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WEBINAR | THE MINIGRID GAME | Introduction and Case Studies - Ayu Abdullah, Energy Action Partners

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Smart Villages/LCEDN webinar series

For more information, please go to e4sv.org

https://e4sv.org/events/webinar-minigrid-game

Minigrids. They're one of the most attractive models for remote community electrification. They're scalable, and flexible, and capable of supplying power at levels that really permit productive use to be made of the power. But at the same time, they raise alot of questions - what is the most appropriate structure, size, payment system etc for a particular local community. Getting these things wrong has led to systems failing, or not having the development impact they were intended to have.

To try to address some of these issues, Energy Action Partners have devised their Minigrid Game. This is a collaborative role-playing game built around a representation of a minigrid system, intended to be used as an educational and collaborative planning tool in designing a community-sized minigrid system. The game is designed to be used within a process that explores minigrid planning and operational decisions.

The Minigrid Game is a completely novel way for communities to develop workable solutions to the unique challenges of managing a community minigrid, such as system sizing, tariff-setting, and demand-side management. By playing as a group, the players can also improve their understanding of energy technology, practice negotiation and consensus-building skills, and most importantly, have fun.

Join us on Tuesday 15th to hear more about the game and its applications from Scott Kennedy, Executive Director and Ayu Abdullah, Southeast Asia Director of Enact Partners, and also for an opportunity for all partipants worldwide to play the game live during the webinar!

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WEBINAR | THE MINIGRID GAME | Introduction and Case Studies - Ayu Abdullah, Energy Action Partners

  1. 1. THE MINIGRID GAME A PARTICIPATORY GAMING APPROACH TO COMMUNITY ENERGY PLANNING Webinar | May 15, 2018 Organized by Smart Villages, LCEDN, and Energy Action Partners.
  2. 2. OUR MISSION To expand individual opportunity and strengthen communities through collaborative programs focused on sustainable energy access. VISION To promote resilient and inclusive communities while preserving social cohesion, a strong sense of identity, and community values. CORE VALUES We prioritize human development outcomes over infrastructure provision. was founded in 2014 as a nonprofit organization with a mission to promote community development through training, capacity building and development projects related to sustainable energy.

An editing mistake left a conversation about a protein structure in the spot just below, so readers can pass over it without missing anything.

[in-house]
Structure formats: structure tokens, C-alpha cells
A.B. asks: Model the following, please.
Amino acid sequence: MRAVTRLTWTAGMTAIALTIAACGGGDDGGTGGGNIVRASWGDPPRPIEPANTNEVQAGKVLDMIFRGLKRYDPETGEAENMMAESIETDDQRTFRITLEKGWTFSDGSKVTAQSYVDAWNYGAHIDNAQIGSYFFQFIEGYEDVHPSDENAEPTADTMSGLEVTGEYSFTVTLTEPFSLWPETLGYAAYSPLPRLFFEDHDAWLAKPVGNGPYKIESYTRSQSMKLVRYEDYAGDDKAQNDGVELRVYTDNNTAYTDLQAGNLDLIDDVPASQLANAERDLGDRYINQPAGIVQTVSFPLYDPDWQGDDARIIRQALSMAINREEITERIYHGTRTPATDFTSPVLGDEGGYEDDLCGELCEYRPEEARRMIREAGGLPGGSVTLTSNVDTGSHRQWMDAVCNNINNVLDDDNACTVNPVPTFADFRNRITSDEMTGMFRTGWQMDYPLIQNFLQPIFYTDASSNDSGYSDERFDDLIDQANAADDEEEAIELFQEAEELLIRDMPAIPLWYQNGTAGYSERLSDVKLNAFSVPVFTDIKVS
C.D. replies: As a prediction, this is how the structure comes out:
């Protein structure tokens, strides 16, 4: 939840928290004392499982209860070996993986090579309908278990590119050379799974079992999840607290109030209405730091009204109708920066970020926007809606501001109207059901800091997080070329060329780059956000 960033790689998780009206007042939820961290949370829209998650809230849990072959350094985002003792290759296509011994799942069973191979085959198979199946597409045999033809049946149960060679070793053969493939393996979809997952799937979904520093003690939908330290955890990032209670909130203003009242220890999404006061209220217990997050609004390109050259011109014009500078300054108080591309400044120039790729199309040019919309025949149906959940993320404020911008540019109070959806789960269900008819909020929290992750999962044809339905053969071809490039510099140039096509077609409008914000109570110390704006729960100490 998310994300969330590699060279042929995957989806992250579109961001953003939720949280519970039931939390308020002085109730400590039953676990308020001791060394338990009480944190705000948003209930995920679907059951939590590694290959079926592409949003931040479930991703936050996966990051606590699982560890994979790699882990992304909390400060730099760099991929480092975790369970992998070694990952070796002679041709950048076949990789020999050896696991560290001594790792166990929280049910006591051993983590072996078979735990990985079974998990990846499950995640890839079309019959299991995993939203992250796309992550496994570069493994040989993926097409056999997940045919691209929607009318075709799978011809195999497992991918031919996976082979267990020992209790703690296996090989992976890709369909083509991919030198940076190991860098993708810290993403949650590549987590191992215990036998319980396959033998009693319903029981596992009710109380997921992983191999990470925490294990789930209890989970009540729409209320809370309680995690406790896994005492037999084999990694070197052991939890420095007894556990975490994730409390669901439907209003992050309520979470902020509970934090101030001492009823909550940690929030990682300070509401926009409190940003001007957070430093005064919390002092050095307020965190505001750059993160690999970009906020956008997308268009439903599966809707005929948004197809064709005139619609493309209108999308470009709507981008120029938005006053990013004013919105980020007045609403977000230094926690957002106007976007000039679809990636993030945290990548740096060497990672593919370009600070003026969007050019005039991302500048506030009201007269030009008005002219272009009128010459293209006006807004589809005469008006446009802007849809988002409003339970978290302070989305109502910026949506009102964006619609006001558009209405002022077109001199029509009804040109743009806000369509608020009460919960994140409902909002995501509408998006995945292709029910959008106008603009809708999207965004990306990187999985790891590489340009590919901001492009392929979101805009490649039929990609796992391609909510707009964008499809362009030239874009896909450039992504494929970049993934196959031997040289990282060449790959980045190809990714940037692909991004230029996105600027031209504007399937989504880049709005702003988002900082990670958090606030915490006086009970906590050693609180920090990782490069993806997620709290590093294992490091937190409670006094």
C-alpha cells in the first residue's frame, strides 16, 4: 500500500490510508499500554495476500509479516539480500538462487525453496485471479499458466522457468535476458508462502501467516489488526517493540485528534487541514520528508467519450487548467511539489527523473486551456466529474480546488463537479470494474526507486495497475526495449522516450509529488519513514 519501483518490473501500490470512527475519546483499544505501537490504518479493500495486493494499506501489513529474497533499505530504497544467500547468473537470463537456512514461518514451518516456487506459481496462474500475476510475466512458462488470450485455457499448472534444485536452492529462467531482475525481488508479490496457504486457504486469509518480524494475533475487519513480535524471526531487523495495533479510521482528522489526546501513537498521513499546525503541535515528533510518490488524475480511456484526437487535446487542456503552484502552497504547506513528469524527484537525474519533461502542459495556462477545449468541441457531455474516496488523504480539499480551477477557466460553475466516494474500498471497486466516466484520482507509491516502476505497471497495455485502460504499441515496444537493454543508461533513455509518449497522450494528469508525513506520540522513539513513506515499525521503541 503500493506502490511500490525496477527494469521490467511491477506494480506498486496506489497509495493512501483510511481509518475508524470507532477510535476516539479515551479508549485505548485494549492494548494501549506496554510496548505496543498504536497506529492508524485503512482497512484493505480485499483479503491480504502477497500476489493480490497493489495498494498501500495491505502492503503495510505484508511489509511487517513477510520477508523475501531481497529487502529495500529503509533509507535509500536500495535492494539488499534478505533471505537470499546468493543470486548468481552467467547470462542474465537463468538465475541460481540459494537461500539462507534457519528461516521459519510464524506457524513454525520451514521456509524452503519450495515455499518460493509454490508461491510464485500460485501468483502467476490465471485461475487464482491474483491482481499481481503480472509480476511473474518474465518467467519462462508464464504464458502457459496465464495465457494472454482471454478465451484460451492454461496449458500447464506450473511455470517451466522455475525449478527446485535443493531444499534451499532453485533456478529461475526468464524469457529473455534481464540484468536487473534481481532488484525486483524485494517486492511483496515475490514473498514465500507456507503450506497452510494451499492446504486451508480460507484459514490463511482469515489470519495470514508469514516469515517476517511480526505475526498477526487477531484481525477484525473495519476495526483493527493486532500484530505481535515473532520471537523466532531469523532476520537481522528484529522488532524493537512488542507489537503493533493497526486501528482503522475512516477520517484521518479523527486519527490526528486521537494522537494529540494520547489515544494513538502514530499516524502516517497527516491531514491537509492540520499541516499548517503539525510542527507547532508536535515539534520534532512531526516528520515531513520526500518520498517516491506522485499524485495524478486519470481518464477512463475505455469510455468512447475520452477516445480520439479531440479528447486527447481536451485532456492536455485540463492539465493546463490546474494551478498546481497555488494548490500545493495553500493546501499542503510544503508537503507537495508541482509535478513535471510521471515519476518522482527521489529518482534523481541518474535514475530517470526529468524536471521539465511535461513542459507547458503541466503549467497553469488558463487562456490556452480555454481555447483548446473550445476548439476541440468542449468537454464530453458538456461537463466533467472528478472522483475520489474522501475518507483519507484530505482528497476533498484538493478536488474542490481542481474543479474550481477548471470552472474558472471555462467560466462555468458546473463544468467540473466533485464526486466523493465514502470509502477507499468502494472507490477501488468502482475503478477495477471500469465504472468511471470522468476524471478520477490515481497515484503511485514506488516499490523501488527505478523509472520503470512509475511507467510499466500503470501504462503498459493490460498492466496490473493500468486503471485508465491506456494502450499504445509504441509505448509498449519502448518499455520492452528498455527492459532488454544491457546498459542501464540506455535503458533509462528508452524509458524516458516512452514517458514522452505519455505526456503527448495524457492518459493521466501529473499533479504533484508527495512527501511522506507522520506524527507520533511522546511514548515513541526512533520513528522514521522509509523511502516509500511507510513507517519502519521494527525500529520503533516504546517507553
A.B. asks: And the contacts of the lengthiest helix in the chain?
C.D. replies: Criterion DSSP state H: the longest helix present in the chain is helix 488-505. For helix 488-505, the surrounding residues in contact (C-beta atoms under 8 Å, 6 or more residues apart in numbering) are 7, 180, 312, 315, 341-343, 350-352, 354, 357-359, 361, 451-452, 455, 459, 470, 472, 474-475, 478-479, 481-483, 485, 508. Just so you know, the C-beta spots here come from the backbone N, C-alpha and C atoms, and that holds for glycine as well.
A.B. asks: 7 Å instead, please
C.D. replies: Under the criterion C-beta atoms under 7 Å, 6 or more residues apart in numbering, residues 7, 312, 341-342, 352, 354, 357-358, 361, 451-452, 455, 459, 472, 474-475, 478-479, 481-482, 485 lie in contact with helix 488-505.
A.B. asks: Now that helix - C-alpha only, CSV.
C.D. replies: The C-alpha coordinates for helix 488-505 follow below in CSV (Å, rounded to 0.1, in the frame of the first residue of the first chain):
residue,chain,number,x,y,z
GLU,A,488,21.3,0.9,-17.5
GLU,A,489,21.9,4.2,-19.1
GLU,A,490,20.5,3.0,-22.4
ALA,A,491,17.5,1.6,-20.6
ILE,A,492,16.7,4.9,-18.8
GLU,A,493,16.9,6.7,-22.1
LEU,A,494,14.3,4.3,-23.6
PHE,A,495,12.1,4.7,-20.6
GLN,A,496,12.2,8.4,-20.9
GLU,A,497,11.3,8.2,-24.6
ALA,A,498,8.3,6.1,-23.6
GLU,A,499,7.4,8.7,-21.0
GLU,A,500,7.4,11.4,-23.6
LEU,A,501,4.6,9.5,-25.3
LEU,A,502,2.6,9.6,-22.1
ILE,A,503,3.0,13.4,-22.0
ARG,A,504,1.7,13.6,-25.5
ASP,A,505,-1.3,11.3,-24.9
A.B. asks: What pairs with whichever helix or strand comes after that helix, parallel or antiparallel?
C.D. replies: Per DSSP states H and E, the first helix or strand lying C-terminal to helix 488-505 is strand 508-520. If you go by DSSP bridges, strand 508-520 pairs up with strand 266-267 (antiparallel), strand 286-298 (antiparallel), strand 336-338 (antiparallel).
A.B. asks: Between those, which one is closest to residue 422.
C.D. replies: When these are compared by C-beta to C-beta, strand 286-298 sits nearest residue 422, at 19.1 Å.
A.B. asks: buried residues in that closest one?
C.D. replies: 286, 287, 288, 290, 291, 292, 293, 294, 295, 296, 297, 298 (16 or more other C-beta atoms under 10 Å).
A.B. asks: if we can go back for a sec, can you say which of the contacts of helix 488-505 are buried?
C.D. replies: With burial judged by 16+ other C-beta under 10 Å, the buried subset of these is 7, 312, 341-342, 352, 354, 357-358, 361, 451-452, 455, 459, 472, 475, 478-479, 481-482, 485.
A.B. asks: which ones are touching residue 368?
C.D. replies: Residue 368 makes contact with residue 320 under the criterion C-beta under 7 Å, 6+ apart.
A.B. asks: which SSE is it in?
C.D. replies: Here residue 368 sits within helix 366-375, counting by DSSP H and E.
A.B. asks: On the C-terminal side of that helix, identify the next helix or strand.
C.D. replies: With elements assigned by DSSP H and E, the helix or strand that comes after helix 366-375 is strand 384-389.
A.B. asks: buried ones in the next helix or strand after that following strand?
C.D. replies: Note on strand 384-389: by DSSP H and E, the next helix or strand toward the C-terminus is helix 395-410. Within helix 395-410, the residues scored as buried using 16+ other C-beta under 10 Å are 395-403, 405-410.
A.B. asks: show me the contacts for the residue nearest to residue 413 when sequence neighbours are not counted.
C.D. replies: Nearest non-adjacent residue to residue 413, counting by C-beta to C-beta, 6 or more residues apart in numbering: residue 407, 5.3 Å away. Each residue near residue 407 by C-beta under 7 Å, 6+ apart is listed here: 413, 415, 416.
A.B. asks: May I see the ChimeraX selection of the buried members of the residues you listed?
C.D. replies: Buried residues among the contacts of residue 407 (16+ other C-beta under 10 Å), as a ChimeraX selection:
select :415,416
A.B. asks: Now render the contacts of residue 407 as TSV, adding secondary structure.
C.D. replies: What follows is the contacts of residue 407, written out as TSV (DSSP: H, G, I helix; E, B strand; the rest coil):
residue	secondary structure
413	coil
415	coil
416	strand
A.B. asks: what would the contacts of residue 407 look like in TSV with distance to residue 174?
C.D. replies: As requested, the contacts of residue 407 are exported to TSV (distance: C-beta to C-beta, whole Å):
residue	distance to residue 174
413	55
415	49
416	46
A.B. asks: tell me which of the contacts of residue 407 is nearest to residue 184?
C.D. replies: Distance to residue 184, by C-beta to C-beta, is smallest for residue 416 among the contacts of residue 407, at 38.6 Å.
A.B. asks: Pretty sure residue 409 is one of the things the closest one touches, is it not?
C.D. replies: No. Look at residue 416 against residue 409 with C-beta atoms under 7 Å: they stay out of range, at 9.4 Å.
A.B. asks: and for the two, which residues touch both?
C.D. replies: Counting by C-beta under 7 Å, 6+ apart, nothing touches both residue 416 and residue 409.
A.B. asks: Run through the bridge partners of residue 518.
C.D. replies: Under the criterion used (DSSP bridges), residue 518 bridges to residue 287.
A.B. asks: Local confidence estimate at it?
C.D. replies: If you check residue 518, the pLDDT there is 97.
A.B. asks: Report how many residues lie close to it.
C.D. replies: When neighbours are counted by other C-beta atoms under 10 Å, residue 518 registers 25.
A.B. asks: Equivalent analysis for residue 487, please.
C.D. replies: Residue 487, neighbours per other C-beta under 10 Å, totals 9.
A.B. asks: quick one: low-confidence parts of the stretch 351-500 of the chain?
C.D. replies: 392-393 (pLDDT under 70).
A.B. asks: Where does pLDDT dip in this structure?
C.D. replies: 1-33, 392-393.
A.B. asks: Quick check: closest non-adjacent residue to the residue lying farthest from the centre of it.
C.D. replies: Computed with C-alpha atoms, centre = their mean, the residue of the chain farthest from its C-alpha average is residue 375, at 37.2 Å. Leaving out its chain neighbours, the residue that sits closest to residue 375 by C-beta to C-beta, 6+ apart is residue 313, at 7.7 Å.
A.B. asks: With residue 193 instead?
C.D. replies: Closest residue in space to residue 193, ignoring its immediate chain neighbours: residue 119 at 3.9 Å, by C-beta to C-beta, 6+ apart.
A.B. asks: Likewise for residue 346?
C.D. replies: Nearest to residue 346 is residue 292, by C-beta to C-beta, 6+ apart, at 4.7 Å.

We maintain offices in Boston, Kuala Lumpur, and Hargeisa, Somaliland.
  3. 3. Energy Action Partnersoutline ‣ Community participation and gaming ‣ Why is community participation important? ‣ Different levels of participation ‣ Why gaming? ‣ The Minigrid Game ‣ What is it? ‣ How we use The Minigrid Game ‣ Outcomes ‣ Village context ‣ The Sabah experience ‣ Q&A session ‣ Let’s play The Minigrid Game!
  4. 4. WHY IS COMMUNITY PARTICIPATION IN MINIGRID PLANNING SO IMPORTANT?
  5. 5. Energy Action PartnersWhy community participation? A FEW COMMON NON- TECHNICAL CHALLENGES Poorly sized system Unable to meet community demand or ability to pay Insufficient revenue Ineffective enforcement leads to underpayment or theft Insufficient savings Tariff is too low to afford maintenance or repairs Poor maintenance Initial funding dries up and no one takes over O&M Load curtailment conflicts “Unfair” load shedding during dry seasons No productive use Investment in machinery not coordinated with system design Stronger reliance on community participation in planning and management can mitigate many of these challenges
  6. 6. Increasinglevelofparticipation Energy Action Partnerscommunity participation REASONS FOR STRONG COMMUNITY PARTICIPATION 1. Receiving information from the community leads to better design. 2. Educating community improves user cooperation and enhances their ability and motivation to look after the system. 3. Involving community in planning and management can leverage local authority and make a system more resilient to future challenges.
  7. 7. HOW CAN WE ACHIEVE A HIGH LEVEL OF COMMUNITY PARTICIPATION FOR A TECHNICALLY COMPLEX TOPIC?
  8. 8. Energy Action Partnerscommunity participation Conventional approaches Interviews Surveys Presentations